Perfectionism is both your friend and enemy. If you are in a doctoral program, I’m sure you have some degree of perfectionism in you. I don’t consider myself a perfectionist, but I do hold high standards. As I was nearing my February 27 deadline, I was waffling between the need to get everything perfect and the sincere desire for just pressing the send button. In the end, I did all I could with the knowledge that I’ll have two more levels of vetting before ProQuest gets its greedy hands on my dissertation.

Have something to look forward to and plan to give yourself a break. I held tight to the February 27 deadline because the best gift I could give myself on my 28th birthday was not worrying about my dissertation. My boyfriend kept asking what I wanted to do for my birthday, but I couldn’t make any plans. I just wanted to not work. And I didn’t and it was great! I had grand plans of taking a few days off before starting in my next project. But here it is March 12 and I haven’t done much of anything. I went home to West Virginia and enjoyed being with family. It felt like the first time in a long while that I could enjoy their company with no deadlines hanging over my head. I also realized that my brain needed a lengthy break. The few things that I did try to do after submitting my dissertation were kind of terrible.

Time to wrap up. I just want to point out one last thing. Some doctoral students take years to write their dissertations. I only had ten months between my proposal defense and my submission to my committee. My final draft is 385 pages, so I definitely didn’t skimp for the sake of time. I’m here to say it isn’t easy, but it is possible if you can work on it full-time. I very much treated it like a full-time job and even tracked my hours (because I’m weird like that).

My defense is scheduled for March 23. Wish me luck!

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Note on Revisions

If writing a dissertation is like running a marathon, then revisions are definitely the hills. Revising is an intense period of staring at words and wondering why you chose them and how you might say them better, or if you should say them at all. If you have a good advisor like I do (meaning one that cares), this exercise also brings all your poor writing habits to light. You can’t push these issues to the shadows anymore. You have to address them head on, and you can’t get mad about it, because they are all on you. Revising is stressful and frustrating, but it’s a learning experience. I’m learning a lot about myself as a writer.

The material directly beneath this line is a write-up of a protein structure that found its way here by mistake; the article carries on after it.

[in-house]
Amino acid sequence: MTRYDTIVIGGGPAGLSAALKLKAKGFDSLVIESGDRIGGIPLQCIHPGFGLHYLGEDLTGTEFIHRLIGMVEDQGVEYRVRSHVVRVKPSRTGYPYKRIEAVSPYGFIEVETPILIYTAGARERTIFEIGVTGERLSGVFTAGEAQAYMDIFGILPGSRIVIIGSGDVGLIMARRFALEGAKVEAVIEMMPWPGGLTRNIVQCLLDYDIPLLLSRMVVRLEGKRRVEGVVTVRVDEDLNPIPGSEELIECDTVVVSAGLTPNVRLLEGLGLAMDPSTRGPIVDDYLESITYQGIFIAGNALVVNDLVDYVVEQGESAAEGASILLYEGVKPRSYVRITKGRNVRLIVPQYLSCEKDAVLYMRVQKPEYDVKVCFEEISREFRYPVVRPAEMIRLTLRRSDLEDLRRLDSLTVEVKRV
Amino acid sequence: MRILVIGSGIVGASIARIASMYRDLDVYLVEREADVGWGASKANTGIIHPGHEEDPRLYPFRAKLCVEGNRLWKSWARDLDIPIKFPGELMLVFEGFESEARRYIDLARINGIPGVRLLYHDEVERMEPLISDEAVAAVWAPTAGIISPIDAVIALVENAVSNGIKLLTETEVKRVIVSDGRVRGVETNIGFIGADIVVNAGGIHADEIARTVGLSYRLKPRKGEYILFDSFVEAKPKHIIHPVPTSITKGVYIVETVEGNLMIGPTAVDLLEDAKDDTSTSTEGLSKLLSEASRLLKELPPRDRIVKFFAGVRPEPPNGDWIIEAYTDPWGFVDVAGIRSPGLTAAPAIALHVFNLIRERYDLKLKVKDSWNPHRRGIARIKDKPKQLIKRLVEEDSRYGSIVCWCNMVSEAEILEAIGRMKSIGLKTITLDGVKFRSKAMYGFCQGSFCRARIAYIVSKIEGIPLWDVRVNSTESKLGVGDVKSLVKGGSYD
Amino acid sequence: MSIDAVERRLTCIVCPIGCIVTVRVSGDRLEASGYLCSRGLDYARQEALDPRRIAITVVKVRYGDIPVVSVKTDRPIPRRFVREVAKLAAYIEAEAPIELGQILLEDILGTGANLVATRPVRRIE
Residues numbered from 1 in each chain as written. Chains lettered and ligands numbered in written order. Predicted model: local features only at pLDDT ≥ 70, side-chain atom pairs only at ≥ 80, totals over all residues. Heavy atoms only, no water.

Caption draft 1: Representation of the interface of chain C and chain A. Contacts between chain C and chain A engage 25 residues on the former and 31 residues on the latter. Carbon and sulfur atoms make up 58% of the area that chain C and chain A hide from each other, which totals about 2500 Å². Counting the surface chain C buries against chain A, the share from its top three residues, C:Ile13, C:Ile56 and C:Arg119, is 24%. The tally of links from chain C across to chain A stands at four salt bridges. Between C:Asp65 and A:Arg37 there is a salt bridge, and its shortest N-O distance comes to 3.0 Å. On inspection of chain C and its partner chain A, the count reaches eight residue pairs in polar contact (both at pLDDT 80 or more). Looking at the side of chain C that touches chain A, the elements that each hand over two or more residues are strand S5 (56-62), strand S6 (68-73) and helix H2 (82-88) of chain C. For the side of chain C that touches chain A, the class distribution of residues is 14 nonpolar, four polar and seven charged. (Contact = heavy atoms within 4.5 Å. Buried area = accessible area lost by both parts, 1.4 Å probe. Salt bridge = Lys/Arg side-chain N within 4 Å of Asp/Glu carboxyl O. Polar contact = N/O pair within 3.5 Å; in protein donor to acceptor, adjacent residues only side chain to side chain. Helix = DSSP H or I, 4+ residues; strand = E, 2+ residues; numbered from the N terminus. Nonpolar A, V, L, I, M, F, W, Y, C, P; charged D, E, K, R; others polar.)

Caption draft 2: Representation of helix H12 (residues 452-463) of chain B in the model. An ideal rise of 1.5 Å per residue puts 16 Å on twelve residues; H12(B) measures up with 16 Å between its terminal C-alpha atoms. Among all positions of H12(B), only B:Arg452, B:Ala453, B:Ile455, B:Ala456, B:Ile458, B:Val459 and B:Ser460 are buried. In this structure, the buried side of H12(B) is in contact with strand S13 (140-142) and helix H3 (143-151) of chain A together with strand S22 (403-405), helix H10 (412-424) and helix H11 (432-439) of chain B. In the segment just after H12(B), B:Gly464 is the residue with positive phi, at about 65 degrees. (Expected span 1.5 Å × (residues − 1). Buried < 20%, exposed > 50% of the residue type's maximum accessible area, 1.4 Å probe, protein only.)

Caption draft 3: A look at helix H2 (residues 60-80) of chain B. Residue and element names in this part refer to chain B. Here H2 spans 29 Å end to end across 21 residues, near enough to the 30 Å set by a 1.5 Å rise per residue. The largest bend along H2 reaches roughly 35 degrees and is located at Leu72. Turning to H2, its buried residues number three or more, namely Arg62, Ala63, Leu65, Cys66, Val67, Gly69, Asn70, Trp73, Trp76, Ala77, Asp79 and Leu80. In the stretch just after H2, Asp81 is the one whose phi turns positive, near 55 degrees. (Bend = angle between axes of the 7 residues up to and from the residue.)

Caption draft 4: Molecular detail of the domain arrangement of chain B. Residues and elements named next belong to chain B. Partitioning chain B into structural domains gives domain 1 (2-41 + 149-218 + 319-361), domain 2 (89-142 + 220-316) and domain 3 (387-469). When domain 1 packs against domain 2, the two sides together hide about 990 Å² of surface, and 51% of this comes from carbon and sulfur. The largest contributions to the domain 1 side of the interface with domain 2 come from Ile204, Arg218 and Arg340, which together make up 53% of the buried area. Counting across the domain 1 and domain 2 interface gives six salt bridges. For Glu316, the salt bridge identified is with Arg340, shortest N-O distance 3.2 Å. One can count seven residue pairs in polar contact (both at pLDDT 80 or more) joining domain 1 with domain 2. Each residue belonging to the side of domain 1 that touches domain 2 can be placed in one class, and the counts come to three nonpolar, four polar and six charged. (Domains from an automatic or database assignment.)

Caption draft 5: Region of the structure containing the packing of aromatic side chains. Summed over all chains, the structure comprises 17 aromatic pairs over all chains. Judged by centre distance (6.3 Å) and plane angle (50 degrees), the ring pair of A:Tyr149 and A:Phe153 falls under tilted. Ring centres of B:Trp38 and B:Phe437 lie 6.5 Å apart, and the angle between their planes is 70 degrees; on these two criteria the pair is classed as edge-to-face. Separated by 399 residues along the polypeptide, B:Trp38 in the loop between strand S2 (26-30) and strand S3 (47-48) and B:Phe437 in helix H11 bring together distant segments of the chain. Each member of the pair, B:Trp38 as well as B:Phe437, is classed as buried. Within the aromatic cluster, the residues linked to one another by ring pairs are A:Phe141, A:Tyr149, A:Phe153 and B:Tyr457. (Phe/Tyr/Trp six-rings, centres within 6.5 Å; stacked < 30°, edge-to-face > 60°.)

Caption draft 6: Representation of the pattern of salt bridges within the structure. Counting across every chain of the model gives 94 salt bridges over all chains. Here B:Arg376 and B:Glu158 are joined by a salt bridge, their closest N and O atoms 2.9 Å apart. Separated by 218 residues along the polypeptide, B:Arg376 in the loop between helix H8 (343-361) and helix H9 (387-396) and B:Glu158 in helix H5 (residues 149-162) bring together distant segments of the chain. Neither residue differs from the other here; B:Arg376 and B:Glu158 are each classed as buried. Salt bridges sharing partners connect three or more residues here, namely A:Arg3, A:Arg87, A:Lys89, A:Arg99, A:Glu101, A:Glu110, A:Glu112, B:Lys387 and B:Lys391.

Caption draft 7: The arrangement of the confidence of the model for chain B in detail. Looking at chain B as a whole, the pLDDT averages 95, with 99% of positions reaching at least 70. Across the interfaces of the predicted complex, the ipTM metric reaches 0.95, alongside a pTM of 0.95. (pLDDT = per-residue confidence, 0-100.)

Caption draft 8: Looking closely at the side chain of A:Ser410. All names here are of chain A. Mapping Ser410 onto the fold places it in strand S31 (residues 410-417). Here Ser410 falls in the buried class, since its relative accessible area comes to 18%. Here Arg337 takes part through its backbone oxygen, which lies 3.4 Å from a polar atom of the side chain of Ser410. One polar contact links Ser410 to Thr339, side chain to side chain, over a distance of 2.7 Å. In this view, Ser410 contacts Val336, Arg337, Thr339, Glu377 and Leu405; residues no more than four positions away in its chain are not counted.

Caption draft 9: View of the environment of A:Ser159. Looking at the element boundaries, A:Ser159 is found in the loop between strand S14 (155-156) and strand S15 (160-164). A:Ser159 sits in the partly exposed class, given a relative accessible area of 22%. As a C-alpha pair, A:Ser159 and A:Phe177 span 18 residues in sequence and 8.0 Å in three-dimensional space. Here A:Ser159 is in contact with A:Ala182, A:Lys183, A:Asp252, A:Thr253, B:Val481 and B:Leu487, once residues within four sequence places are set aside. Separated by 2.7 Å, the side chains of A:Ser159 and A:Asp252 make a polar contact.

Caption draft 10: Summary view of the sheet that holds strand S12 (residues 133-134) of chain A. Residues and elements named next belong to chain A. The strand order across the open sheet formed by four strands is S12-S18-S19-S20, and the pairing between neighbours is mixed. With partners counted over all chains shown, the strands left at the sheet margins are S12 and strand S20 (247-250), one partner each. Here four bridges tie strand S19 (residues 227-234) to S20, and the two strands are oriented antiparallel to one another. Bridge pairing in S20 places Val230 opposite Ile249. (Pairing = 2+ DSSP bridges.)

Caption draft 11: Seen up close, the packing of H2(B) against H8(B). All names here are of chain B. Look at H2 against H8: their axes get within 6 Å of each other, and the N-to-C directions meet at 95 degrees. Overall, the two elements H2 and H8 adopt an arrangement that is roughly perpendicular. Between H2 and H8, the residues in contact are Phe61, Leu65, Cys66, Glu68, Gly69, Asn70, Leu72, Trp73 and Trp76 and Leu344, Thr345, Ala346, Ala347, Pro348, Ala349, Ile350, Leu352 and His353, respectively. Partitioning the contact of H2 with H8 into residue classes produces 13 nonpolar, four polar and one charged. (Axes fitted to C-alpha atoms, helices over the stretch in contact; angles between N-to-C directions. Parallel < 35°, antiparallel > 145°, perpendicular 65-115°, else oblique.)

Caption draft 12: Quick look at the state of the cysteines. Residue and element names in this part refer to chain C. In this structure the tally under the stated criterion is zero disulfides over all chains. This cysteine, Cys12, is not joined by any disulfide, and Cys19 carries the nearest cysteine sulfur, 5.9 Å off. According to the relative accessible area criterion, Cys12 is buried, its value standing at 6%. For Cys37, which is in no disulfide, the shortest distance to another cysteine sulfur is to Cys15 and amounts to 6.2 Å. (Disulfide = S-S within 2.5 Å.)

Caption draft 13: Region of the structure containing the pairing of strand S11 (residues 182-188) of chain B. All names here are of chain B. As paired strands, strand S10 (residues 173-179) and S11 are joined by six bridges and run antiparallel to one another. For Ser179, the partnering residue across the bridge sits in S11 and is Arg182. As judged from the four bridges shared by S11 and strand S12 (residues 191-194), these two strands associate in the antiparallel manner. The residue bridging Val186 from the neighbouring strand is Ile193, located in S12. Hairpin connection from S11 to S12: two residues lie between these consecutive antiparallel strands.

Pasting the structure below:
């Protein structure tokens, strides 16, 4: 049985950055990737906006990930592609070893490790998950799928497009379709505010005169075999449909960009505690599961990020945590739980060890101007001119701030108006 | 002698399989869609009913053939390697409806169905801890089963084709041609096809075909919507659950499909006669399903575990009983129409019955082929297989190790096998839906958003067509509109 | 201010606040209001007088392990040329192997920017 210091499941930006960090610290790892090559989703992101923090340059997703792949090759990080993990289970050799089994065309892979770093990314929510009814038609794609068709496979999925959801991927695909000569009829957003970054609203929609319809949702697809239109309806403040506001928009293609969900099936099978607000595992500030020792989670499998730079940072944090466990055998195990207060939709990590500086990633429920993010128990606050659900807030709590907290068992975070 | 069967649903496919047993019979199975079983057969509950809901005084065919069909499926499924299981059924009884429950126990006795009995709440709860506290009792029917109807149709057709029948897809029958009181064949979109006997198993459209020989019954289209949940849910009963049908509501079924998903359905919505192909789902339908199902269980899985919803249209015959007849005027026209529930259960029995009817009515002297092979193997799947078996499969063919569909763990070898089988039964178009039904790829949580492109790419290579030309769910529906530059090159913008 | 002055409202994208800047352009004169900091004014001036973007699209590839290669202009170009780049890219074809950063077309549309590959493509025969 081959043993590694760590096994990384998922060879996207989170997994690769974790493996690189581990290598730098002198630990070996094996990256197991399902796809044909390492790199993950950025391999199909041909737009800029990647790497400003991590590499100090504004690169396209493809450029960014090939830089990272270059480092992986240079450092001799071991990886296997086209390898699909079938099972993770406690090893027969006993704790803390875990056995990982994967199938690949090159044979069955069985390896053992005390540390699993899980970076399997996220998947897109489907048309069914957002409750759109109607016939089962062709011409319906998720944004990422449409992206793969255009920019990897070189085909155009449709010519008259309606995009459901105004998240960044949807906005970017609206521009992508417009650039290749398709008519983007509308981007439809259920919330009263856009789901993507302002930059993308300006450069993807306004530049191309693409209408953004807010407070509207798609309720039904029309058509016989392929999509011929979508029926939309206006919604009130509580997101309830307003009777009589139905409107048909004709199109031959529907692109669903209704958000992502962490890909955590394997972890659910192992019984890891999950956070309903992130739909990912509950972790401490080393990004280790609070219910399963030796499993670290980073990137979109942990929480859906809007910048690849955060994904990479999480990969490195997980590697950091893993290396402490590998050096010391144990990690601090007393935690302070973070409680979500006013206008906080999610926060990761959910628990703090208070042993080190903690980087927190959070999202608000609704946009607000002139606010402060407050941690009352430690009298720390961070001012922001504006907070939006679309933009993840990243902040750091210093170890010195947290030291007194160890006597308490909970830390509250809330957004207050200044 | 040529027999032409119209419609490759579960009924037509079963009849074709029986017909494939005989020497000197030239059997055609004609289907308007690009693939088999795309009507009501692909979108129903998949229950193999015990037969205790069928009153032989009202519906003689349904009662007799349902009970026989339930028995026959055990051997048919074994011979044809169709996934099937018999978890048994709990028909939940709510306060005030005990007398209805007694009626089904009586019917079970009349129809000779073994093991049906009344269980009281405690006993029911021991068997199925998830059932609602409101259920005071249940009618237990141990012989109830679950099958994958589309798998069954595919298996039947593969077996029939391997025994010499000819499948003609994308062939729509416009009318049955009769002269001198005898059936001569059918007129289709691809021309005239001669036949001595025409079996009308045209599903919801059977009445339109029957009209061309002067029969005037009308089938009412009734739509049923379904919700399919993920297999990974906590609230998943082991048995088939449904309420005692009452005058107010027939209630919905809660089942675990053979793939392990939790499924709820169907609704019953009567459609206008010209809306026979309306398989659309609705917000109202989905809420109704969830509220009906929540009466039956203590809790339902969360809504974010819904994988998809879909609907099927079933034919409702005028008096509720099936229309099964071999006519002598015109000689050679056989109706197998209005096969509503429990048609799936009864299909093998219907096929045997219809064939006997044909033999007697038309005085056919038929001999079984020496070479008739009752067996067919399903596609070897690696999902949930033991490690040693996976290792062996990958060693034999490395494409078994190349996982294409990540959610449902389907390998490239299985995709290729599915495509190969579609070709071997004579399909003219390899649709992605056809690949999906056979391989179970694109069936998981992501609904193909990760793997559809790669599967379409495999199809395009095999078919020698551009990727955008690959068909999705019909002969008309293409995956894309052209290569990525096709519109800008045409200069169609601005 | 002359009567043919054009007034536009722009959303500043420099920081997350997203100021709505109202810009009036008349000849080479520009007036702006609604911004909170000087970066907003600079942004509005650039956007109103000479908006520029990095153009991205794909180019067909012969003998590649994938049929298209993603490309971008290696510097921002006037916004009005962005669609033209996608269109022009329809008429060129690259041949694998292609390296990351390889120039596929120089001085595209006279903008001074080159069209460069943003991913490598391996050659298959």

I talked to two friends about the revising process when I first started about five weeks ago. I felt overwhelmed with the prospect of trying to finish six chapters in about five weeks with Thanksgiving and a trip to West Virginia thrown into the mix. They both told me the same thing. It’s manageable, but you just need long blocks of time to concentrate. They were right. I had to log off Facebook, Twitter, and almost all the Internet, and basically be in my own world for a few weeks. Even when I went home for Thanksgiving and had to work in the dining room, I had to (politely) block out my relatives to finish what I needed to accomplish. It wasn’t fun, but it was necessary. I still had a nice time with my family and friends. I did give up the gym for most of the past two weeks, which my body paid for when I went back today.

My brain hurt after I sent my chapters to my committee. Friends asked if I felt relieved. I just replied with a hesitant, “I guess so.” I am beyond thrilled to have time again to do the things that fell to the wayside, like cleaning my house. But I see more hills in the distance and more revising in my future.

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Always be Working (On that Dissertation)

My dissertation writing buddy. She doesn't care about word limits. Just walks and treats.

My dissertation writing buddy. She doesn’t care about word limits. Just walks and treats.

I had the opportunity last night to share my dissertation research with MTSU’s newest group of doctoral students in their Introduction to Public History class. I recalled sitting in their seats my first semester three years ago, when the thought of doing a dissertation was far from my mind, although I knew it was something I would have to figure out at some point. Over the weekend, I hit another dissertation writing milestone when submitted my last draft chapter to my chair. While I am far from finished, I thought now might be a good time for a post on dissertation writing, particularly because November is Academic Writing Month.

First, I should point out that MTSU’s Public History Ph.D. program is unlike most traditional history programs where it takes students almost eight years to complete a doctoral degree. Our program cuts that time in half.* As other programs are struggling to reduce time to completion, MTSU public history faculty are pretty adept at mentoring students who produce high quality scholarship in just four years and then turning them out into the world.

I am one of those people trying to finish in four years. Fortunately, I have a fellowship that allows me work on my dissertation full-time this year, but it also requires me to graduate in May.** I found that I had to be pretty strategic in the courses I selected and how I designed my residency to maintain that timeline. I had a rough idea for a dissertation in mind after my first year of coursework, and used my time in the classroom to figure out my framework before settling on my topic: Cumberland Gap National Historical Park. I turned three seminar papers into four draft chapters. If I had a motto at the time, it should have been “Always be Working (On that Dissertation).” By the time I started writing in August, I had drafts for all but two chapters.